2) Let's assume that the figures are sound and accurate; this argument still assumes that these tourists wouldn't come to the UK if the royal family weren't to exist. But is this really the case? Do we genuinely believe that people wouldn't come to visit us if we didn't have a royal family? Plenty of people visit the Palace of Versailles and France hasn't had a royal family since the 19th century! In any case, surely if the family were gotten rid of, could we not have our government sell off the estates to private entrepreneurs (investing money in the public sector) who could use them as tourist attractions anyway?
    As already stated, people come to see the royalty and their entourages. The Changing of the Guard would have little point were there nobody to guard. Similarly those other iconic figures of the London tourist scene, the Yeomen of the Guard.

    Trooping of the Colour would seem a little pointless if it were nobody's official birthday.

    Now for the recent little shindig. No Queen means no Jubilee. These events have been seen all over the world by billions of people. They have not seen them for nothing. Broadcasting rights are sold not given.

    In any case, the anti-monarchists in this country, such as yourself are a minority. The majority are pretty happy with the monarchy, as evidenced by recent opinion polls, and every opinion poll since they started taking opinion polls, not to forget the millions supporting this year's Royal Wedding and Jubilee celebrations.

    You'll forget that when France did away with their monarchy, albeit rather more brutally, they had the majority support of the oppressed people.

    And yet the minority of you would like to get rid of something that the majority enjoy and support. How very democratic of you. Completely not hypocritical at all.

    (Original post by richiemayne)
    3) Importantly though, is it really the case that we think that we ought to based our system of government on how much money our institutions give us? Following this line of thinking, surely it would make sense to run the entire judicial system as a tourism industry where foreign tourists can observe police interviews, watch terrorist interrogations and pay money to sit on a 'genuine British jury'? After all, English common law is one of the most widely used systems of law in the world - why not make a profit out of it? Of course - this would be ridiculous, we shouldn't be trying to flog our judicial system to tourists, and neither should be arguing that we should keep our monarchy simply because it makes us a bit of money. Systems of government should be based on a set of principles that are based on the most efficient and legitimate way of governing - not on how much money we can make.
    Well, if you lot that feel the same can get together, you can make a political party called the republican party - what, they already exist? Wonder why it's a minority party?

    Then if and when this party enjoys the support of the majority in this country, you can vote DEMOCRATICALLY and LEGITIMATELY to do away with the monarchy. However, I suspect hell will freeze over first and you lot will continue to do nothing but whinge pathetically about elitism.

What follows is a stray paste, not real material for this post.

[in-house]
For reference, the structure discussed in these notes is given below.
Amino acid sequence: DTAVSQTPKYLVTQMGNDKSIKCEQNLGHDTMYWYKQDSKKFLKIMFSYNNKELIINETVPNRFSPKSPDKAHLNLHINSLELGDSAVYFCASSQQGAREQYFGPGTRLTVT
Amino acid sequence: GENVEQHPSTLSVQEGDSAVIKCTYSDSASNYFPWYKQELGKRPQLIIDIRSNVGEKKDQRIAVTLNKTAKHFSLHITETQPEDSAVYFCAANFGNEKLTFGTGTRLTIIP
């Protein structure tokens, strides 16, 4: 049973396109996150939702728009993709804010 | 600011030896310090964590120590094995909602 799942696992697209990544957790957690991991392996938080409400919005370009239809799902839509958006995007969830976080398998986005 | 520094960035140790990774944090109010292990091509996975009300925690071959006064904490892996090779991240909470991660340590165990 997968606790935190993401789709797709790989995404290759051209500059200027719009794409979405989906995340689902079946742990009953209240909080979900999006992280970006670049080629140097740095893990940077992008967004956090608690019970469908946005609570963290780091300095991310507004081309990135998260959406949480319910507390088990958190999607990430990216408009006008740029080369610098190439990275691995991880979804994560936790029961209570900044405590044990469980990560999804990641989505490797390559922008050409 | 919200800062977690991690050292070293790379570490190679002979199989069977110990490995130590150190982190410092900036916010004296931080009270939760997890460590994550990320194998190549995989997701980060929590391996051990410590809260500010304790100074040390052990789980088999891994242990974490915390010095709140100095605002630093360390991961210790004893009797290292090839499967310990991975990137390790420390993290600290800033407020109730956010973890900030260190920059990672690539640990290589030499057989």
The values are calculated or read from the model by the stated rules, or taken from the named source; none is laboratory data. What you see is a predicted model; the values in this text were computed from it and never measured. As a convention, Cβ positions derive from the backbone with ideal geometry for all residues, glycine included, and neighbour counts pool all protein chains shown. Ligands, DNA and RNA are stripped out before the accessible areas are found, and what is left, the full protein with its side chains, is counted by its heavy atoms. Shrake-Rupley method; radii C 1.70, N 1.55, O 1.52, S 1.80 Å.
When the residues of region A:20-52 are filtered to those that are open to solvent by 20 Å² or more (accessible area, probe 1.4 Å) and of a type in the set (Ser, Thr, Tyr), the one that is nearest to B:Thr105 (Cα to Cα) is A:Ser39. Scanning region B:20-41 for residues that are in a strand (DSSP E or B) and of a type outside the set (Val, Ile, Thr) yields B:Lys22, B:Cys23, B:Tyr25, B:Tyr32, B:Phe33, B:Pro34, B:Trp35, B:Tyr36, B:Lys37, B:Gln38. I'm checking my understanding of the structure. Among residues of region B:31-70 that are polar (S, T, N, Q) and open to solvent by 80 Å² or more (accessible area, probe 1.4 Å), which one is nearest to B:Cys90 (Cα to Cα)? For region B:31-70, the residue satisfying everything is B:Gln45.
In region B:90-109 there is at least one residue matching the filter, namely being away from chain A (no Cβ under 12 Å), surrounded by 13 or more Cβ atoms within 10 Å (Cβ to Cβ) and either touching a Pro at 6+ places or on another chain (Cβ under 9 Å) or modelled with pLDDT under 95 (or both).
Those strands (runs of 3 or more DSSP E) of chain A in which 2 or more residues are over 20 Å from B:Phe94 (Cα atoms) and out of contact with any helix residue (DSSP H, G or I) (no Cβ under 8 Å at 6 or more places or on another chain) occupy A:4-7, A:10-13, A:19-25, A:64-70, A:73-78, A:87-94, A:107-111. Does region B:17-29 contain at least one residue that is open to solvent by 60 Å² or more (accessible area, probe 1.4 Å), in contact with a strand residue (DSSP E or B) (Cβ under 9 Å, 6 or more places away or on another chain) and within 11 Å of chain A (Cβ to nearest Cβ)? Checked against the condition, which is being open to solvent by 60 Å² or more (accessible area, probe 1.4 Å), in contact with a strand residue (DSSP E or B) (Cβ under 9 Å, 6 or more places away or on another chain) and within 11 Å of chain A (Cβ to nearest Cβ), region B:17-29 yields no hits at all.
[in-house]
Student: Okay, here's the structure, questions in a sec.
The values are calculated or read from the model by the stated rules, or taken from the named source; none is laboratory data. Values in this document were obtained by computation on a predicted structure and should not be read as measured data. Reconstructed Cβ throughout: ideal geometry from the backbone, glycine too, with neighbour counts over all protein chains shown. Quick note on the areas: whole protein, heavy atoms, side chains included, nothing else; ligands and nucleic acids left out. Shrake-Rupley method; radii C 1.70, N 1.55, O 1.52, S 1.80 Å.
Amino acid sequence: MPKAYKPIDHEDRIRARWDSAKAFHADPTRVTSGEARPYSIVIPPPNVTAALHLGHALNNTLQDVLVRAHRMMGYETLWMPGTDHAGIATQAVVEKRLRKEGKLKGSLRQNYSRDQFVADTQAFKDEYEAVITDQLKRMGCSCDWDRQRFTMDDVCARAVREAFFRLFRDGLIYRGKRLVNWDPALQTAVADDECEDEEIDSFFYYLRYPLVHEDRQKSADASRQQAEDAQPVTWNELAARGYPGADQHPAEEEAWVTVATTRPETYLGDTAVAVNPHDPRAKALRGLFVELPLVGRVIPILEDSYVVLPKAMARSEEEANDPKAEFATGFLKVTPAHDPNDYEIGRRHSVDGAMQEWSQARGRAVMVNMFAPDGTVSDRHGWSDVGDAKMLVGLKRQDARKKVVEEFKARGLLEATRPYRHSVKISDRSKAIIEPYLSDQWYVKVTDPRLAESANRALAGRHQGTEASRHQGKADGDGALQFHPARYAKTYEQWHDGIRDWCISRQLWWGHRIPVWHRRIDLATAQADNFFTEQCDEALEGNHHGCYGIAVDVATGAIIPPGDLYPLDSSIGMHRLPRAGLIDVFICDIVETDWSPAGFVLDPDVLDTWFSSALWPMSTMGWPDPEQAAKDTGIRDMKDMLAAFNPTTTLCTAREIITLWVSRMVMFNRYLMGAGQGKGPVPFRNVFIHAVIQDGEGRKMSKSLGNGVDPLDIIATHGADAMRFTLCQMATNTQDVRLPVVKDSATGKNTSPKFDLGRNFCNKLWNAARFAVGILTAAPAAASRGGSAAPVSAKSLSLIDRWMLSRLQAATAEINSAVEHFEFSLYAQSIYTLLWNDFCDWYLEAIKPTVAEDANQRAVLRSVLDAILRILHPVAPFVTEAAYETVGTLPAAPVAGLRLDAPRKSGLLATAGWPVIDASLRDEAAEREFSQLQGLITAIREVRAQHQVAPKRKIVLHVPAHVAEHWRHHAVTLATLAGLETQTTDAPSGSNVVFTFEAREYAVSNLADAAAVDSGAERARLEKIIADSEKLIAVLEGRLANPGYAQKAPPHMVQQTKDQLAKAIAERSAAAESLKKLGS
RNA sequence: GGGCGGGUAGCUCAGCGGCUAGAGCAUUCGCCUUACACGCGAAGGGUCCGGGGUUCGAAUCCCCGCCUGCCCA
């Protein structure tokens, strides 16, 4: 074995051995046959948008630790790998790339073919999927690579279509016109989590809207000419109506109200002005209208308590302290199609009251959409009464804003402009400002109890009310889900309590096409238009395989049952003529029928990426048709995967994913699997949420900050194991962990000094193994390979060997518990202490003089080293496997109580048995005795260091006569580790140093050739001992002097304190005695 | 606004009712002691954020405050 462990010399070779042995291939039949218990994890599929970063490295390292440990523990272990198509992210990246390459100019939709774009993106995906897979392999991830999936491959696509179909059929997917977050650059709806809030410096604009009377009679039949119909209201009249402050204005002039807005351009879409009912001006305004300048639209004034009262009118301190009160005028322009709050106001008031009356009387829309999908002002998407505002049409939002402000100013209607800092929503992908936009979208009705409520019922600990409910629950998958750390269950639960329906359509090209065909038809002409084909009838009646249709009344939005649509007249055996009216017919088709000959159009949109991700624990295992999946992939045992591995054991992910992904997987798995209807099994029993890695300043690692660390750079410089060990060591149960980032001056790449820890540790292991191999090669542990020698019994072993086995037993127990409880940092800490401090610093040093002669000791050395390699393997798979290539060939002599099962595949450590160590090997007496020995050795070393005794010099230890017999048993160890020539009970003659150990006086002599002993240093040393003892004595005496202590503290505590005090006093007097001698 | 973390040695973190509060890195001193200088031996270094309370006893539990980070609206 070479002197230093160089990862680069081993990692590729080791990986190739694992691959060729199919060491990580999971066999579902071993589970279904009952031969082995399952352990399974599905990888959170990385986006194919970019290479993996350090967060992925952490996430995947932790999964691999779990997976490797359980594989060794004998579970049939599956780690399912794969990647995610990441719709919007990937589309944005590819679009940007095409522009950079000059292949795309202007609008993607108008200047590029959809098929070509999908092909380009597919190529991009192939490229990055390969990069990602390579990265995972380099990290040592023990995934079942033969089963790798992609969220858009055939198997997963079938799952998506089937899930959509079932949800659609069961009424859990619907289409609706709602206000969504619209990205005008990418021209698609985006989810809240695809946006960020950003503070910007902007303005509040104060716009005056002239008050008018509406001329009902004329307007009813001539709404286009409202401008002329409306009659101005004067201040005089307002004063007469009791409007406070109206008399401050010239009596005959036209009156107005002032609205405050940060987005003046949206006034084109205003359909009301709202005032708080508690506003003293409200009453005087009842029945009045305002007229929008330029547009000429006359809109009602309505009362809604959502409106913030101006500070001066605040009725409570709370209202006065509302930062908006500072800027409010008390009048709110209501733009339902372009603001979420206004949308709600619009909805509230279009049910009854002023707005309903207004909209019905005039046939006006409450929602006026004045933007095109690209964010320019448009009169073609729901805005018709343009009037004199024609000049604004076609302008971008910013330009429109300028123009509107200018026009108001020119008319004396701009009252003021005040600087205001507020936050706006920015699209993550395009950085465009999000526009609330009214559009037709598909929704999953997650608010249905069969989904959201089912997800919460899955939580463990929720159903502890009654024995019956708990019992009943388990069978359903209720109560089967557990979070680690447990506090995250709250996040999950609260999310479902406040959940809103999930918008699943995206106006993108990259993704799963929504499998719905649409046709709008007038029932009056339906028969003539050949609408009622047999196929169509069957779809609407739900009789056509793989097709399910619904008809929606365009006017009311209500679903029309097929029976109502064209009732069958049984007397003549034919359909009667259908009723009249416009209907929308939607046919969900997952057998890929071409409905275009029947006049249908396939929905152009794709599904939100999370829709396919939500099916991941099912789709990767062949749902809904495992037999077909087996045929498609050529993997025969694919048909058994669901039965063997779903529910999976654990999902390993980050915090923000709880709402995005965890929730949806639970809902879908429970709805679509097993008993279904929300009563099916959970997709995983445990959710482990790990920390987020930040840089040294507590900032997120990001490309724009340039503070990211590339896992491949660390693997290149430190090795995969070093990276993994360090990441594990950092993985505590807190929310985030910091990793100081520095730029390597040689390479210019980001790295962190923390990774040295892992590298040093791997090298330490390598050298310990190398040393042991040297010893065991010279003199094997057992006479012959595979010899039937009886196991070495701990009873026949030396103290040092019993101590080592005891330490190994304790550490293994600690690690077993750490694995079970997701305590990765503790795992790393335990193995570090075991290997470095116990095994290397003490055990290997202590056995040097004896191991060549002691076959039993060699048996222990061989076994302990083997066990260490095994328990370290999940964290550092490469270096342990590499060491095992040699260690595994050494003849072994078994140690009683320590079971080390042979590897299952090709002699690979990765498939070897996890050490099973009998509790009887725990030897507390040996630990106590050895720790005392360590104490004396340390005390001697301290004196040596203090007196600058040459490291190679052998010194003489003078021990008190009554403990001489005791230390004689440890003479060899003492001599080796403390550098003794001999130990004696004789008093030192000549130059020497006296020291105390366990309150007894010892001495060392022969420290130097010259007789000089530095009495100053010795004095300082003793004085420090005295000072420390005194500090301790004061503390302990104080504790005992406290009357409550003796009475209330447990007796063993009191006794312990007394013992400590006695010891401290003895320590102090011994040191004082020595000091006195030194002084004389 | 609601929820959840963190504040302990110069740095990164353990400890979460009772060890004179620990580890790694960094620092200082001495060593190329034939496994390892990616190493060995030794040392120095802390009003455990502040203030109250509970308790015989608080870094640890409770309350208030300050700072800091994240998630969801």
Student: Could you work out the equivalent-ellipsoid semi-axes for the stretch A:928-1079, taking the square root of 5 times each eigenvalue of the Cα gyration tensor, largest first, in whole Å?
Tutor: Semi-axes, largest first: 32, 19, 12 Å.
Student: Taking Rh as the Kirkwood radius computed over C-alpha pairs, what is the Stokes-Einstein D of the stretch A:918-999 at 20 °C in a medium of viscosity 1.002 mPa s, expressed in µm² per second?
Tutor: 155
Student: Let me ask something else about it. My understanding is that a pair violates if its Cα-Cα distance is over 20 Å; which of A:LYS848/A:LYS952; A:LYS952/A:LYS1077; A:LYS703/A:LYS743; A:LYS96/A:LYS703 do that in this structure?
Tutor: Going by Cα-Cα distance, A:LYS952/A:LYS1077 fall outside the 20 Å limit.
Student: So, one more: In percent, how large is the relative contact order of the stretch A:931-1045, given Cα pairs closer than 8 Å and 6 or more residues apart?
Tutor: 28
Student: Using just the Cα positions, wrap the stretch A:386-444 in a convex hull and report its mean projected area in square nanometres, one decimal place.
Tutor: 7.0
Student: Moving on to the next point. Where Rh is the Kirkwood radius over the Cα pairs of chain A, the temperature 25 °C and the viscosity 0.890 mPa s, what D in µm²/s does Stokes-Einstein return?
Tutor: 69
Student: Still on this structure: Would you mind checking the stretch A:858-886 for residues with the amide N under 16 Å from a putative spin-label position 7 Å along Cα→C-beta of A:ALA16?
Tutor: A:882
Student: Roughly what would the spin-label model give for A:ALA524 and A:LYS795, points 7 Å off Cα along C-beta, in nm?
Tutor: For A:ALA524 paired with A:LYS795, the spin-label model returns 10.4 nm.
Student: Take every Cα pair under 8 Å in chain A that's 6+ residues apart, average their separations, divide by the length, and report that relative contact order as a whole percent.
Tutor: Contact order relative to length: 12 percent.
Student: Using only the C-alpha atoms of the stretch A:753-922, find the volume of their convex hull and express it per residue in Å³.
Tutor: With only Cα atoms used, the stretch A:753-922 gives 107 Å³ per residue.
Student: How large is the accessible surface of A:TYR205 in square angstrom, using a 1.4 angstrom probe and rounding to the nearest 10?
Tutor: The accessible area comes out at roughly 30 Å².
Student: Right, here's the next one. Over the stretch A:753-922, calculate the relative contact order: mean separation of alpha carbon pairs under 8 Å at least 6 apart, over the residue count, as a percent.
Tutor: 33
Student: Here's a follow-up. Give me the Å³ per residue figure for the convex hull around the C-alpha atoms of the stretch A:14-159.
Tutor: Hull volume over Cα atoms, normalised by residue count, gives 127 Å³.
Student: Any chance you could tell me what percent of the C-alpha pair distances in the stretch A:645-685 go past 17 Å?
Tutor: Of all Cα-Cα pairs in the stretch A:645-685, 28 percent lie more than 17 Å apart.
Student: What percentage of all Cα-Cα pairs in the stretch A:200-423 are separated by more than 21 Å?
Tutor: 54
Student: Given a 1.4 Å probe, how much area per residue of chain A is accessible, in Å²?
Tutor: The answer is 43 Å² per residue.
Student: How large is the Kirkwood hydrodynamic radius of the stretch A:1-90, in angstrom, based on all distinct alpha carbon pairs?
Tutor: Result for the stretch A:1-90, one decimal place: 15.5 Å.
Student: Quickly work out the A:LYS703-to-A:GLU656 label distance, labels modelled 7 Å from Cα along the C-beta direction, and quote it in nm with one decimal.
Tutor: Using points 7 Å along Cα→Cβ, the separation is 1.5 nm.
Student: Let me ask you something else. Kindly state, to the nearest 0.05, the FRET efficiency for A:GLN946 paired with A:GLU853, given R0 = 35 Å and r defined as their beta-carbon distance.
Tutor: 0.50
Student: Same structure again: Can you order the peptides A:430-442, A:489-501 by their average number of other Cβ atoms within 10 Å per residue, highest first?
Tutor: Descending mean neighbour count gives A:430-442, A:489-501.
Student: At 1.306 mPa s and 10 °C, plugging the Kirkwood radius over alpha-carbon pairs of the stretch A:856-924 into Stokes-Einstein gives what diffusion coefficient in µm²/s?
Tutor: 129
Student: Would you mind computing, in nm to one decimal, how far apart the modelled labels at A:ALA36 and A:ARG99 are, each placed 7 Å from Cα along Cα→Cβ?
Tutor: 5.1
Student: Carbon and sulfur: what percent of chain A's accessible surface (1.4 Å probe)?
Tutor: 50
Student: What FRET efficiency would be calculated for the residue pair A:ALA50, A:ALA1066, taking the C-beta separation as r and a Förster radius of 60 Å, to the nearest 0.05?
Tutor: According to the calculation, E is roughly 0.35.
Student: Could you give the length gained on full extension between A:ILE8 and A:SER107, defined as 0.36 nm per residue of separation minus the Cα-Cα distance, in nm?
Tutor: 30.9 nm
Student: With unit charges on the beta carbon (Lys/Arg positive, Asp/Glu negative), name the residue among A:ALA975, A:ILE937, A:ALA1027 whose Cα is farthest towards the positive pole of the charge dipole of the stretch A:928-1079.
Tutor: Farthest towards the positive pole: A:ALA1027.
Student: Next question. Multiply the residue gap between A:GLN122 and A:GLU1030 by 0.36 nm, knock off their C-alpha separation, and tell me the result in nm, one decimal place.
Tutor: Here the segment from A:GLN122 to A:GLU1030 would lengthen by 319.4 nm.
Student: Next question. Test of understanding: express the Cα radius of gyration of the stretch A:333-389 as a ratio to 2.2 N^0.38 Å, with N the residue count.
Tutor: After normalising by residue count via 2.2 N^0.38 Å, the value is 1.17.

(Original post by richiemayne)
    Personally I'm rather indifferent to the monarchy; I have no problem with it being in place if most people support it, but if it were to be replaced I would shed no tears. However, this argument is infuriatingly poor and I should like to see it dismissed altogether.
    Most people do support it, so what's the problem?

    If you have no problem with and are indifferent to the monarchy, then why would you say something like 'surely if the family were gotten rid of'? The 'infuriatingly poor' argument is the one spouted by the few who would like to have their own way over the wishes of many. Is it just a coincidence that pretty much everything you have posted is an extremely biased excuse to do away with the monarchy with absolutely no positives at all?

    What an odd thing to write for someone who claims to be 'indifferent'.:rolleyes:
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    (Original post by jumpingjesusholycow)
    Pretty sure the French would disagree. They're doing all right with the Louvre and Versailles without the need for a King or Queen.
    France is a mediterranean country featuring a warm climate and sunshine, a world renowned cuisine etc.
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    (Original post by marcusfox)

    If you have no problem with and are indifferent to the monarchy, then why would you say something like 'surely if the family were gotten rid of'?

    Doesn't sound indifferent to me.
    You don't have to be a Republican to dislike a particular argument in favour of the monarchy. The greatest argument in favour of the monarchy, that it brings the nation together under a non-partisan national figure and gives us a sense of 'togetherness' is a particularly strong one, as is your argument that if they are supported by a vast majority of the people then there is no reason to remove them.

    I simply take considerable issue with the argument that we should keep the Royal family because they are a tourist attraction. Government should be organised by legitimacy and efficiency. At the moment our system is both of those things, but should people feel that they no longer want the Royal family I would not object because they would lack legitimacy.

    Edit: My point about 'if they were gotten rid of' was that if the tourism argument is so strong, then surely, if we could make more money by abolishing them, we ought to do that. It is the same logic after all. Of course, this would be a poor argument because the monarchy has other benefits beyond tourism and it would be foolish to do away with these benefits for the sake of a bit more wealth.